Navy swings into action

This article has photo gallery Published on LEUT Will Singer (author), LSIS Lee-Anne Cooper (photographer)

Location(s): HMAS Stirling

Topic(s): HMAS Stirling, Health, Fitness and Wellbeing

Mr Paul Wolkowinski, a Club Swinging instructor with members of the HMAS Stirling Health Centre on the Stirling Gymnasium floor after a Club Swinging lesson. (photo: LSIS Lee-Anne Cooper)
Mr Paul Wolkowinski, a Club Swinging instructor with members of the HMAS Stirling Health Centre on the Stirling Gymnasium floor after a Club Swinging lesson.

Everything that is old is new again, or perhaps ancient in the case of some exercise regimes being undertaken by Navy people in Western Australia.
 
In a nod to his branch nickname, Chief Petty Officer Physical Training Instructor Paul Williams, has brought the art of Indian club swinging to HMAS Stirling’s gymnasium as part of keeping his charges fit to fight.
 
Physical Training Instructors in Navy are colloquially known as “clubs” due to the crossed clubs on their insignia harking back to historical fitness techniques of militaries many.
 
Taking the traditional term of of ‘club swinger’ to the forefront of innovative training, curious onlookers watched as 15 exercisers undertook choreographed routines where the bowling-pin shaped wooden clubs were swung in unison, led by an instructor out the front.
 
Civilian Indian clubbing instructor, Paul Wolkowinski said that the exercise had a number of benefits from developing upper body strength, endurance and mobility to coordination and mediation.
 
“Despite their Middle Eastern origin, the Indian clubs were first recorded as being used by wrestlers in ancient Persia and later used by British soldiers in the late 1800s,” Mr Wolkowinski said.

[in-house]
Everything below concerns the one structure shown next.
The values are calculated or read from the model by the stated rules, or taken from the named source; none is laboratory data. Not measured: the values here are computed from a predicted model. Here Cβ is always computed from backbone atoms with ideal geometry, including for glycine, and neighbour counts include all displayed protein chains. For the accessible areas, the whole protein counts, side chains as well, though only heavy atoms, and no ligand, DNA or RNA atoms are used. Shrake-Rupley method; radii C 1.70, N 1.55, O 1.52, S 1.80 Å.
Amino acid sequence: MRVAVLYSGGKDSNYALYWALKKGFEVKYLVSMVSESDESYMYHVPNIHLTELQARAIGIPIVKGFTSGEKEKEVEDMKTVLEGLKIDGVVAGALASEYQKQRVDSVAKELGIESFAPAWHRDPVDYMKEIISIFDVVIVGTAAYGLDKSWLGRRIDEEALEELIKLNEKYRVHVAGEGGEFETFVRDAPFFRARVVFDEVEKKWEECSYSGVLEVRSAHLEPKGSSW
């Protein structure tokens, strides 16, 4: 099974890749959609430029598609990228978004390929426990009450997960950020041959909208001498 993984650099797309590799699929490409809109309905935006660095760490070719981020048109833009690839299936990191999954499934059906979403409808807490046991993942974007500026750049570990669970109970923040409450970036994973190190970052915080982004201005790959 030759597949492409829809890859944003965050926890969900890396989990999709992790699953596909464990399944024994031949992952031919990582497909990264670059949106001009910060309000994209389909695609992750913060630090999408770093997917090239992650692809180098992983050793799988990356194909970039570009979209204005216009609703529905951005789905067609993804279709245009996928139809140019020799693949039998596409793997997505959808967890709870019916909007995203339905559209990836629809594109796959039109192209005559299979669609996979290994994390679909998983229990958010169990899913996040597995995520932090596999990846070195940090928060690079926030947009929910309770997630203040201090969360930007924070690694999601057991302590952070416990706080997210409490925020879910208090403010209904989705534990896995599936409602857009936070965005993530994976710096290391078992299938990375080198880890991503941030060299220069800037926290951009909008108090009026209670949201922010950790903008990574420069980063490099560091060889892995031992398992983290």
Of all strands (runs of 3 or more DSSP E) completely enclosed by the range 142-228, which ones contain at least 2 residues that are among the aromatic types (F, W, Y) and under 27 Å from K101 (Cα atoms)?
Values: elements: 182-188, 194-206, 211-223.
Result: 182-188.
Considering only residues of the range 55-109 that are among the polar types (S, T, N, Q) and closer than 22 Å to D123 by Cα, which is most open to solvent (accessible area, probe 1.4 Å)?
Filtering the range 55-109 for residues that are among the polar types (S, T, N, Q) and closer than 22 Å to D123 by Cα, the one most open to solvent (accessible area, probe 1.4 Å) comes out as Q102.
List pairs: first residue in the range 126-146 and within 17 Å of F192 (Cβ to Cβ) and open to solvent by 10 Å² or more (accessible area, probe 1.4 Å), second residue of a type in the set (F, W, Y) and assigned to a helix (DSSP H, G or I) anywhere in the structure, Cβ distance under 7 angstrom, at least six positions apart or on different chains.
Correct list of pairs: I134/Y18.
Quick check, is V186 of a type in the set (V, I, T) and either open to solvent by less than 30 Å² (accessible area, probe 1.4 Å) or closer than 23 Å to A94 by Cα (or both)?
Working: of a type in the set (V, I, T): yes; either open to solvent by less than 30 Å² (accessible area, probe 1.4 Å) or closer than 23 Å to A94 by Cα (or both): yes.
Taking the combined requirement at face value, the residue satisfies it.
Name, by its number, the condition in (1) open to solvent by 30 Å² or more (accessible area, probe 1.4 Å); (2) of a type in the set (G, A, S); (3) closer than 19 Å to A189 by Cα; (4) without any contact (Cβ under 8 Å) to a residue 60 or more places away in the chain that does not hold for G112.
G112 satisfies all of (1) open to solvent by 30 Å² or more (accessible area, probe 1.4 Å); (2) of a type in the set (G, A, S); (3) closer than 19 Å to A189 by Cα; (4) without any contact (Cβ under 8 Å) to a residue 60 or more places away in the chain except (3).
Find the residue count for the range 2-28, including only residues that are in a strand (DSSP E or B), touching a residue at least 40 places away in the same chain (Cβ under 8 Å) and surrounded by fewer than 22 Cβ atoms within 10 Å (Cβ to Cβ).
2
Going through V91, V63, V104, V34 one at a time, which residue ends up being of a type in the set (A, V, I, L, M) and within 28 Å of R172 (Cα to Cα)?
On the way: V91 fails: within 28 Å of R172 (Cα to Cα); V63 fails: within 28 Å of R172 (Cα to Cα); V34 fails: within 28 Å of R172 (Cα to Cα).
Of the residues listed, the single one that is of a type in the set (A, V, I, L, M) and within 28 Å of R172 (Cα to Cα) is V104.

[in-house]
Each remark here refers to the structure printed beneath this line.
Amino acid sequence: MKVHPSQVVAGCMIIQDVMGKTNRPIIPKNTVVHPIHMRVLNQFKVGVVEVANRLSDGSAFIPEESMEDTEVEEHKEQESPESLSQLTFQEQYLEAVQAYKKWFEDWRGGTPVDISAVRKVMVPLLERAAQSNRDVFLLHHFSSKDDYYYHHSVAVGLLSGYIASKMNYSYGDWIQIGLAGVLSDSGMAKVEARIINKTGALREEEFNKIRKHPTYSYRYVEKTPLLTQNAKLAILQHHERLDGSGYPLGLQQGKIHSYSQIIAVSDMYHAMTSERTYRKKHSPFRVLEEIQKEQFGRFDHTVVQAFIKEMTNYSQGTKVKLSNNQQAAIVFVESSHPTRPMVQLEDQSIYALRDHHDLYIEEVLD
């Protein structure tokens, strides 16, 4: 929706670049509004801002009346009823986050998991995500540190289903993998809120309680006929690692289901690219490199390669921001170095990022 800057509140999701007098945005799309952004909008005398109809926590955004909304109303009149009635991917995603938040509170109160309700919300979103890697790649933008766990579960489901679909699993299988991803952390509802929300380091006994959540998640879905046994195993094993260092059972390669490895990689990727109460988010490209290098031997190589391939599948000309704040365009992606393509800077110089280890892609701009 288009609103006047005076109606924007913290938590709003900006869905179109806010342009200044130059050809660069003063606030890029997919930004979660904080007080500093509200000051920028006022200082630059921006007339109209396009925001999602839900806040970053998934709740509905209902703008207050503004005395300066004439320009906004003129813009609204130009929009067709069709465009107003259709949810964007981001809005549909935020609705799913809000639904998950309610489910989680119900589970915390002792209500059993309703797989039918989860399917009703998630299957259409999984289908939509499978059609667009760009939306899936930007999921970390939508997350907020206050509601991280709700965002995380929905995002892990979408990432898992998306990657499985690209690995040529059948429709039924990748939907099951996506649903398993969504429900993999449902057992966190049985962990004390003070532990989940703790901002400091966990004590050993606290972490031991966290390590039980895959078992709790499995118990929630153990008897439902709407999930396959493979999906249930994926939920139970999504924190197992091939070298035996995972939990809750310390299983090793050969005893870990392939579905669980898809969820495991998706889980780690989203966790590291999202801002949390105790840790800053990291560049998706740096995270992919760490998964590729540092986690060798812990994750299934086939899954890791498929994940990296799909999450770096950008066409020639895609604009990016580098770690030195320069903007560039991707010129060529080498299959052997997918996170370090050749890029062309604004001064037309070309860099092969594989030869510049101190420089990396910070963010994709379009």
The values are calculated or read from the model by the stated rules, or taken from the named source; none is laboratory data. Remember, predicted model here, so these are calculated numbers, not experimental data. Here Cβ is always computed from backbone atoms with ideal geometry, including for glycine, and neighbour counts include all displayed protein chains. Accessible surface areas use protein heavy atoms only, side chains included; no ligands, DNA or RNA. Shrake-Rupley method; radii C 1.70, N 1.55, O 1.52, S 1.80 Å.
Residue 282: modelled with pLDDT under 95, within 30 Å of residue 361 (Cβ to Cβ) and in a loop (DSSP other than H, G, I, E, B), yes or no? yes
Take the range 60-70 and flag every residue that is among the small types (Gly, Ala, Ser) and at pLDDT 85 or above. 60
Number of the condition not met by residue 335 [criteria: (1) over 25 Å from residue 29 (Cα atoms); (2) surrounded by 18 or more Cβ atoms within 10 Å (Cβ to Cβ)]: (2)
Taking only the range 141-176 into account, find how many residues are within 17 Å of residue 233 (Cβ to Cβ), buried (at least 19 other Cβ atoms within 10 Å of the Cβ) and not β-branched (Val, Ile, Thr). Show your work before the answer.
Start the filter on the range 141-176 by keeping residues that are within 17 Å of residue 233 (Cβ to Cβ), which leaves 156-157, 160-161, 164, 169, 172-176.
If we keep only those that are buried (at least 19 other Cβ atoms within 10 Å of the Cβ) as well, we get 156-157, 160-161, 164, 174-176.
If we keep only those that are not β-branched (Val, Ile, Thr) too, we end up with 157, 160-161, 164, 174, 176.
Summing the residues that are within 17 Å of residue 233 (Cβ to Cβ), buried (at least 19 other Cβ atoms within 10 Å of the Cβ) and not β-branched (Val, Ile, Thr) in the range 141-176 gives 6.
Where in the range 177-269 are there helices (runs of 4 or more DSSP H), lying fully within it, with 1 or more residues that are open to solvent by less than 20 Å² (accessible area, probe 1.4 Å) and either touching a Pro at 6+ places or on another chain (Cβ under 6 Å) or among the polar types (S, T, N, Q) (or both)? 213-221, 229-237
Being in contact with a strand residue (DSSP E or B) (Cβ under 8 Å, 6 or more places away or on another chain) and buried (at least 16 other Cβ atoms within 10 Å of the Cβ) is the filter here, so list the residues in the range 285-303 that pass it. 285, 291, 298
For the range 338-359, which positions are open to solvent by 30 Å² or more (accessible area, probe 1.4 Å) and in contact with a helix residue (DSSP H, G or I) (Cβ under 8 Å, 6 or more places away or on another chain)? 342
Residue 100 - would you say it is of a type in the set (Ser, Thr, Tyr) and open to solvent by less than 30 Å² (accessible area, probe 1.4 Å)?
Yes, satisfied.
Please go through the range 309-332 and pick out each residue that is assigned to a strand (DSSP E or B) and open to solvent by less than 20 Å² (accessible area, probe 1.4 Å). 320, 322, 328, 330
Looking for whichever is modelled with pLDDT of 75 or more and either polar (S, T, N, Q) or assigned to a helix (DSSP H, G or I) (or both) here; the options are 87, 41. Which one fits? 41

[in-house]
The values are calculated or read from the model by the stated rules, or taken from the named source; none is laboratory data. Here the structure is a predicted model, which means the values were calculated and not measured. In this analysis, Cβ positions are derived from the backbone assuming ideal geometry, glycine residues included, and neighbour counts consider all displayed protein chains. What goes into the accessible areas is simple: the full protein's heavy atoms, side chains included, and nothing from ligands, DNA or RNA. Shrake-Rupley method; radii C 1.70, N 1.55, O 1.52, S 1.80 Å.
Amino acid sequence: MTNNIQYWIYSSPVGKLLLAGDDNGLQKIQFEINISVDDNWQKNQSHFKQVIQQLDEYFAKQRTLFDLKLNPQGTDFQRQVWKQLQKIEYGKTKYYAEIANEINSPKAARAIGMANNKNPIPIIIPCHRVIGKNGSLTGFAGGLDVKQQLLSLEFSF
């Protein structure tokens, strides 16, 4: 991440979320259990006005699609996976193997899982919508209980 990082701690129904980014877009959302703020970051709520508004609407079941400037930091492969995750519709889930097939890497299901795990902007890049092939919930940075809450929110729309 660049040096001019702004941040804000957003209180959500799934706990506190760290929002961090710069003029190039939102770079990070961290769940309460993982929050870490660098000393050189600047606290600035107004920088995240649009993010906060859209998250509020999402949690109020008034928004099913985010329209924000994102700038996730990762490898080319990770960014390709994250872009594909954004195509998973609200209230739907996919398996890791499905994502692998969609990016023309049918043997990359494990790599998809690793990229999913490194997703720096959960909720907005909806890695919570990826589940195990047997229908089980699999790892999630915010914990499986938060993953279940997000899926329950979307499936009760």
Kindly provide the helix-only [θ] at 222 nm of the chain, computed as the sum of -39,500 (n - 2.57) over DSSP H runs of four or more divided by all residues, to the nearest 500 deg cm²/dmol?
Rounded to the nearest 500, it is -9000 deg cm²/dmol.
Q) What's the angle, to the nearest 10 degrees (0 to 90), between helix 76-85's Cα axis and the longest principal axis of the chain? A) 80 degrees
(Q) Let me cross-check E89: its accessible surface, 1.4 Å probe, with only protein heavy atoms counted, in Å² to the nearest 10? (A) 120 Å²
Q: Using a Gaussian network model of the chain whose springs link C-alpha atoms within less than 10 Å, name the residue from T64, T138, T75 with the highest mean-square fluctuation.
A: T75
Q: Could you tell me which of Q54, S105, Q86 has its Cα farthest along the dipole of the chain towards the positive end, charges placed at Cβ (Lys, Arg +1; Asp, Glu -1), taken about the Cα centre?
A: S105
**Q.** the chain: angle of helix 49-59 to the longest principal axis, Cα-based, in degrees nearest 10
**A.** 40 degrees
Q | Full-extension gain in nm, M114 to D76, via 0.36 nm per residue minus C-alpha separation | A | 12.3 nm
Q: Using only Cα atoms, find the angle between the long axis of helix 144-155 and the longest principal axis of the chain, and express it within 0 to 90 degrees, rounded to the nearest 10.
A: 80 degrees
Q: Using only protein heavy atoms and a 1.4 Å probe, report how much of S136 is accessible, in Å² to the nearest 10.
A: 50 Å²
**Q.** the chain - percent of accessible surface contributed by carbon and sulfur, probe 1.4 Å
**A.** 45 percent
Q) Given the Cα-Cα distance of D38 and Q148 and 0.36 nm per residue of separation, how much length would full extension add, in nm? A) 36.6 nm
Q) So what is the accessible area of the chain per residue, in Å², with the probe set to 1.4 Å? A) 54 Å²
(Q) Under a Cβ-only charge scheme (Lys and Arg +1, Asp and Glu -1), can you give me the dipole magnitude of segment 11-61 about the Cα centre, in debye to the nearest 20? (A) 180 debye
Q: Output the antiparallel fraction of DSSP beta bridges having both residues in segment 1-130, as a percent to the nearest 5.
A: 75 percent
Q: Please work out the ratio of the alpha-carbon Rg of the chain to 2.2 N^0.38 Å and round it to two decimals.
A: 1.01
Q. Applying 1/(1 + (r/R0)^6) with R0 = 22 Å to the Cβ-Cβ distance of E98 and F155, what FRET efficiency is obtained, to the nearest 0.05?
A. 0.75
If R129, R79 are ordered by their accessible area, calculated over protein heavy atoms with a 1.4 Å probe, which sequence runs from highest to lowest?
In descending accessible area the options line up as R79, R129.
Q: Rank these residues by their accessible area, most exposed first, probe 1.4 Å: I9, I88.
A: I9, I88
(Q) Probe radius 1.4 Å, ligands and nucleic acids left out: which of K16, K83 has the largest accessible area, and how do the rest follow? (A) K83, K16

“The wooden clubs come in varying sizes and weights, which are swung in certain patterns as part of an exercise program and the routines varied according to the group's ability and the weight of the clubs used.”
 
Chief Petty Officer Williams, said that club swinging was an important form of training before the introduction of modern day resistance training equipment.
 
“I started swinging clubs in February this year and have found it to be very beneficial,” Chief Petty Officer Williams said.
 
“I played rugby for over 20 years and the club swinging exercises have assisted in the rehabilitation of persistent shoulder and arm injuries which have now completely healed.
 
“As we are all aware, most of our days can be spent at our desks with our shoulders forward typing away, and this along with continuous use of mobile phones and tablets has progressively exacerbated postural issues people of all ages are experiencing.
 
“People tend to hold a lot of tension in their shoulders, scapula, and upper posterior chain muscles.
 
“Swinging clubs promotes dynamic and fluid movement patterns in the posterior chain, functional movements and good biomechanics of the shoulders that lead to increased flexibility, strength, endurance and postural correction.
 
“The club swinging motion also requires one to engage the core muscles and maintain trunk stability and proper hip extension patterning for hip stabilisation,” he said.
 
Other benefits of club swinging include shoulder and arm injury rehabilitation, improvement in coordination, a cardio and strength training option for personnel with lower limb injuries/restrictions and mental health rehabilitation.
 
The introduction session targeted dental personnel who spend their days often leaning over people, computers and equipment.
 
Able Seaman Dental Assistant Shannon Byzdra was one of the debutant club swingers and said that it was an interesting exercise.
 
“The workout was different because you had to think about mental coordination, yet it wasn’t aerobically difficult,” Able Seaman Byzdra said.
 
“It was great to do the club swinging as a warm-up to our boxing session and I would certainly do it again,” she said.
 
Chief Petty Officer Williams’ vision is to introduce club swinging into the weekly program at Stirling and interest has been growing with personnel realising the benefits of the exercises.